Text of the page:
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Frequently Asked Criminal Law Questions - Part I

CRIMINAL DEFENSE FORUM

By: Mark Eiglarsh

Introduction
Having worked in the criminal arena for over 13 years, I am often approached and asked numerous criminal law related questions. Attorneys and non attorneys share many of the same inquiries. Below are several of those commonly asked questions, with answers, that I hope will provide some assistance. When can the police stop and search someone on the street?
Generally, a police officer has the right to stop someone if they suspect that individual may be involved in criminal activity. The officer must be able to specifically articulate the facts upon which he is relying to justify "the stop." Once a lawful stop takes place, an officer, who reasonably feels in danger, may perform a limited "pat down" search of the suspect. This search is limited solely for the discovery of possible weapons that the suspect may be carrying. Therefore, officers must confine their search to places that they would reasonably expect to find a weapon. An officer who conducts a pat down search for weapons and looks through someone's wallet, for example, may be performing an unlawful search. The defendant whose wallet yields a baggie of Cocaine, may have a strong argument to suppress the contraband, assuming that he is ultimately charged with unlawful possession of a controlled substance.

What is White Collar Crime?
In 1939, while speaking to the American Sociological Society, Edwin Sutherland coined the phrase, "white collar crime." He defined the phrase as "crime committed by a person of respectability and high social status in the course of his occupation." Today, white collar crime has evolved to typically refer to a type of offense committed by business people, professionals, and public officials through deception for financial benefit. The Commerce Clause of the U.S. Constitution gives the federal government the authority to regulate white collar crime. The FBI estimates that white collar offenses cost the United States more than $300 billion annually. What is the difference between probation, parole, and pardon?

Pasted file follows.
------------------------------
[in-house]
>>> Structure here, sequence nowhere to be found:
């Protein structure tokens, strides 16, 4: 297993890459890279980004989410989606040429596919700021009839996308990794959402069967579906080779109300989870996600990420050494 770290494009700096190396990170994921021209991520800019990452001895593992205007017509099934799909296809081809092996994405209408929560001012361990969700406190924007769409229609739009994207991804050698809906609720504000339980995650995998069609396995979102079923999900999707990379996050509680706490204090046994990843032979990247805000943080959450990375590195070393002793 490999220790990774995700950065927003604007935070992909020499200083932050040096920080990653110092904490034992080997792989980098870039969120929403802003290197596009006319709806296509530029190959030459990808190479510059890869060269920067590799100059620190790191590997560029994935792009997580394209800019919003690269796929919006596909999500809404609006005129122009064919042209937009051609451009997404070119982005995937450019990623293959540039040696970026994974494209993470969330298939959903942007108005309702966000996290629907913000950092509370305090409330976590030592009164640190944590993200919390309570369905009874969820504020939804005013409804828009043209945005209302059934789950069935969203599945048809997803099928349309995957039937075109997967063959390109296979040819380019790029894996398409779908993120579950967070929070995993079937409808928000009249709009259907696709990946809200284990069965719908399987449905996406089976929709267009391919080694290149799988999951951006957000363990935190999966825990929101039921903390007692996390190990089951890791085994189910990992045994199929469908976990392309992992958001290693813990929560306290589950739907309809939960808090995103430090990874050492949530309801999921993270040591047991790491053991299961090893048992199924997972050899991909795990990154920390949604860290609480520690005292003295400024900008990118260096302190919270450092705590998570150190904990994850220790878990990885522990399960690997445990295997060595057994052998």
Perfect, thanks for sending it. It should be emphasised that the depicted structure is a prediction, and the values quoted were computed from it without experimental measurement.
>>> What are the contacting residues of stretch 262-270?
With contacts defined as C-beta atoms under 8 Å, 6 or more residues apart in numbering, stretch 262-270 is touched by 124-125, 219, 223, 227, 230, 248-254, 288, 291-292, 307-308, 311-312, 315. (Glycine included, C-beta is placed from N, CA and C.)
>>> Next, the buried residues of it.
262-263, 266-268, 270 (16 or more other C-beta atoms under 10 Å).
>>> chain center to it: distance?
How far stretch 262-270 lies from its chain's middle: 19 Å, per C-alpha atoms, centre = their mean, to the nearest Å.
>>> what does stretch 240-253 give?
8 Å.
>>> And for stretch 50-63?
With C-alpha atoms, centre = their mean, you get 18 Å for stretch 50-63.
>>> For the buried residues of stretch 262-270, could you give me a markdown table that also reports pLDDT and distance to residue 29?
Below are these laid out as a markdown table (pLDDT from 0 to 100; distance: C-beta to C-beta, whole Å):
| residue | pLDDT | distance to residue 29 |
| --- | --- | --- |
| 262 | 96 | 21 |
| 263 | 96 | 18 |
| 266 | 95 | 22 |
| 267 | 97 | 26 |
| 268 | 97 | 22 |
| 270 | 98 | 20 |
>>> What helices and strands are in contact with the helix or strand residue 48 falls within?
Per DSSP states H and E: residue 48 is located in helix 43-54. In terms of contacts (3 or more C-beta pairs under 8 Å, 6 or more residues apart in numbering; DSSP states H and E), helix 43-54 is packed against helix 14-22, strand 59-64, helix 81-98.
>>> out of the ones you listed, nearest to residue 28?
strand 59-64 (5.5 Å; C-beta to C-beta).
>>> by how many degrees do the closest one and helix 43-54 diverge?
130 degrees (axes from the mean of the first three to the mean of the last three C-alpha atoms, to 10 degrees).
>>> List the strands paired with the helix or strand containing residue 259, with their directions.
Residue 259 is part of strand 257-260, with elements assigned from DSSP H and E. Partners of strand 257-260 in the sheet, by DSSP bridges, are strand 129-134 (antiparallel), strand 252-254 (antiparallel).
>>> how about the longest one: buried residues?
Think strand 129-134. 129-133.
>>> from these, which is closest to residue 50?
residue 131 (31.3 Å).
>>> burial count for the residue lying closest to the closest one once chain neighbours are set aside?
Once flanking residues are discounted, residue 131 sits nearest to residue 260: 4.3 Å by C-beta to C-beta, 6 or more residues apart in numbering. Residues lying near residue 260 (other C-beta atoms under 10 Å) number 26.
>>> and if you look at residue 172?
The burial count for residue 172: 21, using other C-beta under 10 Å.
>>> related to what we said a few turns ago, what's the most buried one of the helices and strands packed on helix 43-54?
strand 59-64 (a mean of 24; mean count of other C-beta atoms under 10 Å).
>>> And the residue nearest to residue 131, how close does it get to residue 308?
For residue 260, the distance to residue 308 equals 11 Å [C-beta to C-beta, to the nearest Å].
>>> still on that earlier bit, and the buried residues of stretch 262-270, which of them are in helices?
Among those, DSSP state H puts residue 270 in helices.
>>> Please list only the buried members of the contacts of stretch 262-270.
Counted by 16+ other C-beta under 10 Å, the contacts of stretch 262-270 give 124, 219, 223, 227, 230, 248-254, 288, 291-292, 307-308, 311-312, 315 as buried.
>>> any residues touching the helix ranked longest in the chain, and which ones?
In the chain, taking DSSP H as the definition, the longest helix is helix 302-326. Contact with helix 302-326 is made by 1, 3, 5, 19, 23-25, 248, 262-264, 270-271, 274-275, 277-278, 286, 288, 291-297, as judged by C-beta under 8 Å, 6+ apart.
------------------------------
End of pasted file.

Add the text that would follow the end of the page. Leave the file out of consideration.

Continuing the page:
Probation is a part of a defendant's sentence ordered by a judge. It permits the offender to live in the community, often under the supervision of a probation officer. Offenders serving probation generally must report to their probation officers once a month, and submit to random drug screenings. An offender may be asked to perform a myriad of other special conditions as a requirement of their probationary period. Probation may be in lieu of jail time, or proceed and/or follow a jail term.

Parole, which is granted to an inmate by the board of parole or commission, permits sentenced prisoners to live in the community under the supervision of a parole officer after he serves a portion of his prison sentence. If a parolee violates the conditions of his release, he may be sent back to prison to serve out the remainder of his sentence. Florida has abolished parole.

After an offender receives a pardon, that individual is completely forgiven from all the legal consequences of his crime and his conviction.

If the police have a warrant to search a house, can they search wherever they want?
Generally no. The parameters of where officers are permitted to search within a house hinges upon what authority the judge gave to the police when signing the warrant. For example, if the warrant seeks authority to search a home for stolen cars, then a search of the bathrooms and/or the refrigerator may be unlawful.

What is the difference between assault and battery?
If the victim is touched or struck against his/her will, then a battery has occurred. If the victim had a well founded fear that violence was imminent, however, wasn't actually touched, then an assault has taken place.

In Florida, can I tape a telephone call without permission?
No. In most states, including Florida, one must first secure permission from the parties being recorded. Surreptitious tape recordings by telephone are illegal in Florida and in most States. The following states require consent of all parties to the conversation prior to taping: California, Connecticut, Delaware, Florida, Illinois, Maryland, Massachusetts, Michigan, Montana, New Hampshire, Pennsylvania and Washington.

About The Author:
Mark Eiglarsh is a former prosecutor who specializes in exclusively State and Federal criminal defense and forfeiture matters. An "AV Rated" attorney, Eiglarsh teaches litigation skills at the University of Miami School of Law. Mark can be contacted at the Law Offices of Mark Eiglarsh, at (305) 674-0003 and/or via e-mail at Mark@EiglarshLaw.com. His web address is www.EiglarshLaw.com.